Soapwort is a nonwoody perennial with simple or branched stems, often forming large colonies. Flowers are in tight or open groups (cymes), subtended by leafy bracts. The flowers are typical of the pink or carnation family: the sepals are fused to form a long, slender tube; petals 5, each with 1 rounded notch, white or pink, showy, with a delightful fragrance. Blooms June–October. Leaves opposite, elliptical to lance-shaped, hairless, to 8 inches long.
Height: about 2 feet.
Scattered to common nearly statewide; less abundant in northern counties.
Habitat and Conservation
Occurs on banks of streams, rivers, and spring branches; also old fields, pastures, fencerows, old homesites, gardens, railroads, roadsides, and open, disturbed areas. Native of Eurasia, introduced worldwide. A familiar roadside wildflower, often forming large colonies that are difficult to eradicate, partly because of the toughness of the rhizomes. Cultivars with fancy forms and colors are common in gardens and may persist at old homesites.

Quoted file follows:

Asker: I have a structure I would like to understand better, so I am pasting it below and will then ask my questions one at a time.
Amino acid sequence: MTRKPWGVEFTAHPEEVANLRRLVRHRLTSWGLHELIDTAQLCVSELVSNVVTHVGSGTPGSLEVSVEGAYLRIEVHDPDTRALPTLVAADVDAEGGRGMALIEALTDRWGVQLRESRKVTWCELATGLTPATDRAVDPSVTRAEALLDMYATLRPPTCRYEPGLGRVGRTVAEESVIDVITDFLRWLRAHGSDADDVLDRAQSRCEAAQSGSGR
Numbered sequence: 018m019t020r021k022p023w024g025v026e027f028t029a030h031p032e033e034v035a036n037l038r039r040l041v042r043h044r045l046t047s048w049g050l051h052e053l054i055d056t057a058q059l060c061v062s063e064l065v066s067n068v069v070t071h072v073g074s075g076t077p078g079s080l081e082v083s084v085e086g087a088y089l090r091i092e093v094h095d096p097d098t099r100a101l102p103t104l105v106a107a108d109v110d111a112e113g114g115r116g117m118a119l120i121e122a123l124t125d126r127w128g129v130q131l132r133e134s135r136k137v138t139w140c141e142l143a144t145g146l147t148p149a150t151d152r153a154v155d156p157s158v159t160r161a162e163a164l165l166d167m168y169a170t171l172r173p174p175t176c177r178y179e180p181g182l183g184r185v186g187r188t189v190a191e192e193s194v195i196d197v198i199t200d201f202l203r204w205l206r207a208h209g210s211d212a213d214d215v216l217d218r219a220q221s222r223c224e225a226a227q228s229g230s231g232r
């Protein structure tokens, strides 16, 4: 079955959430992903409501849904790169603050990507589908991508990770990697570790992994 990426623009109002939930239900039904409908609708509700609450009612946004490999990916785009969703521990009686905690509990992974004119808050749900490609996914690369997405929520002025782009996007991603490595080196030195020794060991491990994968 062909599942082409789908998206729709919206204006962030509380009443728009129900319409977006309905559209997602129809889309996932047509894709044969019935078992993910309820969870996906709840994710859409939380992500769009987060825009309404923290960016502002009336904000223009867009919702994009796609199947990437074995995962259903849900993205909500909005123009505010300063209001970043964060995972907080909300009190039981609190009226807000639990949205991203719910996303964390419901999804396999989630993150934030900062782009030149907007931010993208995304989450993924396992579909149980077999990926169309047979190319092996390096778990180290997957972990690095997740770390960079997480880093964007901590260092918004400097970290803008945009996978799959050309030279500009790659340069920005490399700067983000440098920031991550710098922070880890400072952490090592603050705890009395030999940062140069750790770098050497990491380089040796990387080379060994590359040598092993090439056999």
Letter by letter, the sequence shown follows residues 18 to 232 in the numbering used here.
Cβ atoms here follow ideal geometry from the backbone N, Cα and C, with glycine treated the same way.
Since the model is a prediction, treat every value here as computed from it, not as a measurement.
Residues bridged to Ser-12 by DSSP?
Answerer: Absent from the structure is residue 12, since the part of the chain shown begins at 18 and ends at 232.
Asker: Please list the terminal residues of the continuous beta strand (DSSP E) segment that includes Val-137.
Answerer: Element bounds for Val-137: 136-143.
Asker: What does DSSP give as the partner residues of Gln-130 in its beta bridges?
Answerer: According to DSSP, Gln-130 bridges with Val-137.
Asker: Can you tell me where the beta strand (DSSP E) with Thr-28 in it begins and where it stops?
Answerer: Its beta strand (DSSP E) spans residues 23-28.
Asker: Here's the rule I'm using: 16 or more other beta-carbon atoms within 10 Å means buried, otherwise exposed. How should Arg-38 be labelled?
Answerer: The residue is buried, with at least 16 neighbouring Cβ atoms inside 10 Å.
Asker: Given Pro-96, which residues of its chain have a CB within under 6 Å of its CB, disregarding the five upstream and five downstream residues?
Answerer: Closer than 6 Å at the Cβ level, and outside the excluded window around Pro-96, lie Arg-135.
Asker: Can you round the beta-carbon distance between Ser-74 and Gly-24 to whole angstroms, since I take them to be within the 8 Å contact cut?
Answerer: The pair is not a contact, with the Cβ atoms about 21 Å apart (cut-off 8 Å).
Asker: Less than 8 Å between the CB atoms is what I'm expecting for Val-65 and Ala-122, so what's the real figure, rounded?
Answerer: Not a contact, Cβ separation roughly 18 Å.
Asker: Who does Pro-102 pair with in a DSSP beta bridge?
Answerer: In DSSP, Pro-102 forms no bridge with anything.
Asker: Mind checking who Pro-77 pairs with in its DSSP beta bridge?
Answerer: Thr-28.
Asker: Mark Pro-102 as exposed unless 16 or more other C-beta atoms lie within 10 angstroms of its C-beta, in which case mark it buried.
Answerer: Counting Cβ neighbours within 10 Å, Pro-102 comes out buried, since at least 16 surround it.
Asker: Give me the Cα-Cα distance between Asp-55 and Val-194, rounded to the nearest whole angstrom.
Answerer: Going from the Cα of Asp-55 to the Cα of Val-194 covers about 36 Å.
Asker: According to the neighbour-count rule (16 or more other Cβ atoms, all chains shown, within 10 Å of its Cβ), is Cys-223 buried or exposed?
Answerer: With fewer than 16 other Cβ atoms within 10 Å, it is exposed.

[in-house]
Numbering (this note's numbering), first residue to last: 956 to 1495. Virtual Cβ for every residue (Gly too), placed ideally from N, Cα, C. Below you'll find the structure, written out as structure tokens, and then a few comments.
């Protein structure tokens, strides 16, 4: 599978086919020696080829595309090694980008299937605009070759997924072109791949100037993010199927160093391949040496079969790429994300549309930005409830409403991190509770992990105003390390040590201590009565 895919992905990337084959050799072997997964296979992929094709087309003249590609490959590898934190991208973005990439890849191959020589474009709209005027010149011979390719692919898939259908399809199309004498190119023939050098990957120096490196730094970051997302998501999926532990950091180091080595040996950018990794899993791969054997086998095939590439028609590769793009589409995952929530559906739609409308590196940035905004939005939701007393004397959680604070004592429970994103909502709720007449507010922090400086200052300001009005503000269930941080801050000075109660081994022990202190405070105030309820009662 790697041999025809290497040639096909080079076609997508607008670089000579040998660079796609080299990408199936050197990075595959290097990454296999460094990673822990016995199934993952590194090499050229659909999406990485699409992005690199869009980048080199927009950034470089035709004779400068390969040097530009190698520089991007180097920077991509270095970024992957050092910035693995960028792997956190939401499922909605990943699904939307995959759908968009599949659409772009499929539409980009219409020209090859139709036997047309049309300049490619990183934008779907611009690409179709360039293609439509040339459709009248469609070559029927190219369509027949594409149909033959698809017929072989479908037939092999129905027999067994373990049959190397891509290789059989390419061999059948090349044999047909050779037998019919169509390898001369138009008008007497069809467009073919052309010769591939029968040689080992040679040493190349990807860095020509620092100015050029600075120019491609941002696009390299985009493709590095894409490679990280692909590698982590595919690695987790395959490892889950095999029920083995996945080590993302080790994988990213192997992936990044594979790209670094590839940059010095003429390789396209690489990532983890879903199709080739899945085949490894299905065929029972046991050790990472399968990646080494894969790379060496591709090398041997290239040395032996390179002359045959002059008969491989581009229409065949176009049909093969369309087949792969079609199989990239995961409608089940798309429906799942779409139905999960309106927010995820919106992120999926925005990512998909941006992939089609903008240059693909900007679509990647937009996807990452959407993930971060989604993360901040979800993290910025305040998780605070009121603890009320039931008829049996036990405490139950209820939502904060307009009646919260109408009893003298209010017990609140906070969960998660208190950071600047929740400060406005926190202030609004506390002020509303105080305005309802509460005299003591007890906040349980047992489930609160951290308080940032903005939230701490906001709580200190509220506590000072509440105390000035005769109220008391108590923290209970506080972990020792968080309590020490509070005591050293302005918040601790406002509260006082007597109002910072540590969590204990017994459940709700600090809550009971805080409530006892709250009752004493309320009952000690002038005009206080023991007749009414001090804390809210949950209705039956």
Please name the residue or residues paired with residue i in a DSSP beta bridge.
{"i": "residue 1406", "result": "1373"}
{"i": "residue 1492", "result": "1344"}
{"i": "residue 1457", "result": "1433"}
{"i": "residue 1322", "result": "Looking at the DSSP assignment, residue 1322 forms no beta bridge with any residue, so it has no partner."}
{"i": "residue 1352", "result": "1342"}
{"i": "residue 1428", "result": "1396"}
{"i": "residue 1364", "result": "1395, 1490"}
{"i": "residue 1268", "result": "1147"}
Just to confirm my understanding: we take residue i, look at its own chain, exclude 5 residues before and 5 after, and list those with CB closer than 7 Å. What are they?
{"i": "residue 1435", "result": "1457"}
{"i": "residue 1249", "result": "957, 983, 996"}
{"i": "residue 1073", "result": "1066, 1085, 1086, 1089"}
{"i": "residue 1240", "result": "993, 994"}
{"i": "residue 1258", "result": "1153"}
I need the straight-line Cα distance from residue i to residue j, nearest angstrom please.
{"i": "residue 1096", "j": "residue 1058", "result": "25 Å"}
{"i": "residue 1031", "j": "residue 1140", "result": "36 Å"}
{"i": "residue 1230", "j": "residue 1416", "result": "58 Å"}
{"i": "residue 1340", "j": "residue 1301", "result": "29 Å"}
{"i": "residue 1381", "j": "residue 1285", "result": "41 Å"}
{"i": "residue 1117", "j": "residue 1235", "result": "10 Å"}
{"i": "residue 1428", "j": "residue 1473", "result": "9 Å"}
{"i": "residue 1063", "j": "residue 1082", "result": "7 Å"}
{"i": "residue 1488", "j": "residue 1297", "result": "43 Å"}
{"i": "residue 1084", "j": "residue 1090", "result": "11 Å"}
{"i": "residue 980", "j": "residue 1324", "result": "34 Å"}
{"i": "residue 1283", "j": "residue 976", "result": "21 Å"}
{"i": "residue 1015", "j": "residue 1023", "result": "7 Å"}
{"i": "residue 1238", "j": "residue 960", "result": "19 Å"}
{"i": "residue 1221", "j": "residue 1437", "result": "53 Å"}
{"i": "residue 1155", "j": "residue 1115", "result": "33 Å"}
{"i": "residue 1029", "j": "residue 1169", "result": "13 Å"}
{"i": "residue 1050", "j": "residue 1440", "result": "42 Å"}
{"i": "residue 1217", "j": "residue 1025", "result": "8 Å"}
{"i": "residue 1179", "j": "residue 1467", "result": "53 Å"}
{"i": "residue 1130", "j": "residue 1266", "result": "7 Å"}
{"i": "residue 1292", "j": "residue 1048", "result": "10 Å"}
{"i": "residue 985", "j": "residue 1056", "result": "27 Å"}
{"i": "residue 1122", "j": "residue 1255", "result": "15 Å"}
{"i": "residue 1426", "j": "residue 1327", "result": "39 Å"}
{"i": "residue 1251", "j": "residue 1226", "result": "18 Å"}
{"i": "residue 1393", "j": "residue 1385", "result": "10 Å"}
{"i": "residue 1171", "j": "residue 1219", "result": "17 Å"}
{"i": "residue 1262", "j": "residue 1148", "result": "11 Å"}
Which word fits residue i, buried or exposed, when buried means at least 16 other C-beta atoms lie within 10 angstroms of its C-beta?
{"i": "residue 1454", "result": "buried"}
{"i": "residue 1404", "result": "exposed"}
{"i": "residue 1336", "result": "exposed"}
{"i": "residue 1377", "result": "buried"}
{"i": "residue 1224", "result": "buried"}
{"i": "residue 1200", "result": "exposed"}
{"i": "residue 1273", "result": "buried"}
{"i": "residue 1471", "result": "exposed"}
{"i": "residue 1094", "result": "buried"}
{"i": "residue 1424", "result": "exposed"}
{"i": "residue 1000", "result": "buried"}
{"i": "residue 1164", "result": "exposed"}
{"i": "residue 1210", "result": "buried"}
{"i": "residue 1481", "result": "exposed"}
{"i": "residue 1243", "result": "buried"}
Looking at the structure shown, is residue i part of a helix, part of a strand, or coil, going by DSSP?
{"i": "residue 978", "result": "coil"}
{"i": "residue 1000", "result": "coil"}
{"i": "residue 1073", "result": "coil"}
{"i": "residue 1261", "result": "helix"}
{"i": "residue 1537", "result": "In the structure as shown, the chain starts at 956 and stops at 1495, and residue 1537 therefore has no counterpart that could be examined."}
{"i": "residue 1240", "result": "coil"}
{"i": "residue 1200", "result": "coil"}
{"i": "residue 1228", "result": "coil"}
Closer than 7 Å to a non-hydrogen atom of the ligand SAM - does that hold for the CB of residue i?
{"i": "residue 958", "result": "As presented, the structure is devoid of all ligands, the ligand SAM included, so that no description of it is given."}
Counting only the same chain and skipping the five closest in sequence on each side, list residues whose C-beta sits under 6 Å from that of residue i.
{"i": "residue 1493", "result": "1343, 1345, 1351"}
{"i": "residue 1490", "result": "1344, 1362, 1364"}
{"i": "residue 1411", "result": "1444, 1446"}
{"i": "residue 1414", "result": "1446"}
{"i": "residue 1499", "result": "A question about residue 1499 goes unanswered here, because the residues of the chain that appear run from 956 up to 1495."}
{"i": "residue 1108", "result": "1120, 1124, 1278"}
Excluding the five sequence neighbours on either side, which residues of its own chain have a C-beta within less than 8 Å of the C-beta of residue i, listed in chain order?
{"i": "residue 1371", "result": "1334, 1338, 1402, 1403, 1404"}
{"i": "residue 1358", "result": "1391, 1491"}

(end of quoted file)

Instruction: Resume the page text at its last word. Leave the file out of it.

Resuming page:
“Bouncing Bet” apparently is an antique English term for a vigorously scrubbing laundry woman (“Bet” being a nickname for “Elizabeth”). It and “soapwort” both describe this tall, showy wildflower, which has chemicals in its sap that lather up like soap. "Wort" is a word that means "herb" or "nonwoody plant."
This plant contains a mucilaginous juice that forms lather in water. In the past, the leaves were often used for soap.
The seeds contain the same saponin chemicals that cause the sap to lather up, and the seeds are poisonous.
Plants with "officinalis" in the scientific name usually had medicinal uses in the past.
Although some butterflies and moths visit, soapwort's flowers aren't very attractive to insects. Mammals tend not to eat the foliage because of the toxic saponins in the sap. This plant is also weedy, even invasive in some areas. Where it outcompetes valuable native plants, soapwort is a problem.